Conflict of Interest
The authors declare that the research was conducted in the absence of any commercial or financial relationships that could be construed as a potential conflict of interest.
All claims expressed in this article are solely those of the authors and do not necessarily represent those of their affiliated organizations, or those of the publisher, the editors and the reviewers. Any product that may be evaluated in this article, or claim that may be made by its manufacturer, is not guaranteed or endorsed by the publisher.
The Supplementary Material for this article can be found online at: https://www.frontiersin.org/articles/10.3389/fchem.2022.853112/full#supplementary-material
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Keywords: biomass, 5-hydroxymethylfurfural, 2, 5-furandicarboxylic acid, selective oxidation, no-noble metal catalyst
Citation: Liu J, Wen S, Wang F, Zhu X, Zeng Z and Yin D (2022) Production of the 2,5-Furandicarboxylic Acid Bio-Monomer From 5-Hydroxymethylfurfural Over a Molybdenum-Vanadium Oxide Catalyst. Front. Chem. 10:853112. doi: 10.3389/fchem.2022.853112
Received: 12 January 2022; Accepted: 17 February 2022;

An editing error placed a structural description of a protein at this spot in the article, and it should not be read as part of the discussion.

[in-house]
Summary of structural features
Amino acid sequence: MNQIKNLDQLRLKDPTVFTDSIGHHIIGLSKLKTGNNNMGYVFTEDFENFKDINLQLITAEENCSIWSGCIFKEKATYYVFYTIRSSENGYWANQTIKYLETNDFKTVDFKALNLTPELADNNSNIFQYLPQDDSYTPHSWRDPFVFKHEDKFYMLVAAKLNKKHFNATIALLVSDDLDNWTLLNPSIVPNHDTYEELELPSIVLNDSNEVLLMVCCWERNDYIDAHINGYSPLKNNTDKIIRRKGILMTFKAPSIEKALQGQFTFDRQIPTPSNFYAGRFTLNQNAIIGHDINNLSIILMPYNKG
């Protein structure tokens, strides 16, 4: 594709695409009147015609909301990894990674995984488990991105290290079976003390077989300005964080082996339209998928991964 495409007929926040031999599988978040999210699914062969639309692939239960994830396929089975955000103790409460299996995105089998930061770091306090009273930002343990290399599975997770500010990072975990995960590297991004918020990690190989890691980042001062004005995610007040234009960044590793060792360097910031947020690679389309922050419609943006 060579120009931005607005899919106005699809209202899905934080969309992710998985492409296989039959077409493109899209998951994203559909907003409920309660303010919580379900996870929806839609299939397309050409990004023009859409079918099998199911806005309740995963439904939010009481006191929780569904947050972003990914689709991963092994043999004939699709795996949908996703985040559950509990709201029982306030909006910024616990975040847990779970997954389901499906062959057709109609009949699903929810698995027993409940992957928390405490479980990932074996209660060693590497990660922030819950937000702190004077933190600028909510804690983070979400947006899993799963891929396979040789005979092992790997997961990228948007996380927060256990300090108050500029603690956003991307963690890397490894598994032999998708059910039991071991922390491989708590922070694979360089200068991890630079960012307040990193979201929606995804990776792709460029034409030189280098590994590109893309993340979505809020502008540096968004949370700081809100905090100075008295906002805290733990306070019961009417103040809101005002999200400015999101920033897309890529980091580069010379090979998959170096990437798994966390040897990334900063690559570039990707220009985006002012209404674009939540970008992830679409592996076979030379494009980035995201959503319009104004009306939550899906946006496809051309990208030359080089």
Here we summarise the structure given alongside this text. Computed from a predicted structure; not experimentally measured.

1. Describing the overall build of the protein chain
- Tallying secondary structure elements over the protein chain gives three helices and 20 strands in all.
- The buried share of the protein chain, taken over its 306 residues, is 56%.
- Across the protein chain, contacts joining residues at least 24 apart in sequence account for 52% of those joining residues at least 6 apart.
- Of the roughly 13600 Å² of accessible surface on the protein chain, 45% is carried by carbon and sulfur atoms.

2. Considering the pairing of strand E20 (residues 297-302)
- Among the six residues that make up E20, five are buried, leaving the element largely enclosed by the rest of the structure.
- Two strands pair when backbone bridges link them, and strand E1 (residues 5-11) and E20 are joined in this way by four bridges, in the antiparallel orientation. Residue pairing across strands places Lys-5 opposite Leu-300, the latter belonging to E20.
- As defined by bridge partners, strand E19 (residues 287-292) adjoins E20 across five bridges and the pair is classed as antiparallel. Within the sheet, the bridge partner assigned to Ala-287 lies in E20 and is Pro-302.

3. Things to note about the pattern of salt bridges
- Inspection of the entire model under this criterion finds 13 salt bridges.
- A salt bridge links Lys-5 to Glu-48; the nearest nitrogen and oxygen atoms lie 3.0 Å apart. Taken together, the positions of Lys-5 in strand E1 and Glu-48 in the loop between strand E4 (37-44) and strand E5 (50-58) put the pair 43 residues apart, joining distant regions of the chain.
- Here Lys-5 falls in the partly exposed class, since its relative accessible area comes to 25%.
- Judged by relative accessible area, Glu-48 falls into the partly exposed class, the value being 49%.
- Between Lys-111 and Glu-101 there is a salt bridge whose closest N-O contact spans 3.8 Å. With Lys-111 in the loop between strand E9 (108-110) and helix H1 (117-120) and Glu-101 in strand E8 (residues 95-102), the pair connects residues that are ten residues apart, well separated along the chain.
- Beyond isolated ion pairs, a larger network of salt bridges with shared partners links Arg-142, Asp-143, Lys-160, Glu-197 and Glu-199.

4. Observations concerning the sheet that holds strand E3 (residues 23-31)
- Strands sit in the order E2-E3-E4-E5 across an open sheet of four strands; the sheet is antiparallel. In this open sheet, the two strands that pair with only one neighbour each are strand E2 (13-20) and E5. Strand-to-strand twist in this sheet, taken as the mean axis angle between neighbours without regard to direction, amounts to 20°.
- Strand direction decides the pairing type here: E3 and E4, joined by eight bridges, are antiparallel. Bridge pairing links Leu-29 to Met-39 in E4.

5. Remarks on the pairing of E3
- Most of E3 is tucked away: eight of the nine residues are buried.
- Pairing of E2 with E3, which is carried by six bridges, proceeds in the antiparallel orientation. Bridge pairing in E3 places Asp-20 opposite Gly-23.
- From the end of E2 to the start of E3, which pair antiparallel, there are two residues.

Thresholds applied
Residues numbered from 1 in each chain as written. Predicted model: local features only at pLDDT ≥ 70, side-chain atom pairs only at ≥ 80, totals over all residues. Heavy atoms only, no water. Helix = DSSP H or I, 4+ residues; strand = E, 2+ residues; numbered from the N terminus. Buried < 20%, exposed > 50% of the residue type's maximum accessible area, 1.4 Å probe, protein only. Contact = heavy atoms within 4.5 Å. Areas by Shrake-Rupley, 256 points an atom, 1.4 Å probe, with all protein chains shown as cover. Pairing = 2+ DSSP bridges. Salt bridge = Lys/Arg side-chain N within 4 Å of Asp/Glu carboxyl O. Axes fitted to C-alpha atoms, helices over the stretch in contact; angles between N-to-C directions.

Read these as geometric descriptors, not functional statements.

Published: 14 March 2022.
Edited by:Haian Xia, Nanjing Forestry University, China
Reviewed by:Zhi Gao, East China University of Technology, China
Mei Hong, Nanjing Forestry University, China
Copyright © 2022 Liu, Wen, Wang, Zhu, Zeng and Yin. This is an open-access article distributed under the terms of the Creative Commons Attribution License (CC BY). The use, distribution or reproduction in other forums is permitted, provided the original author(s) and the copyright owner(s) are credited and that the original publication in this journal is cited, in accordance with accepted academic practice. No use, distribution or reproduction is permitted which does not comply with these terms.
*Correspondence: Dulin Yin, firstname.lastname@example.org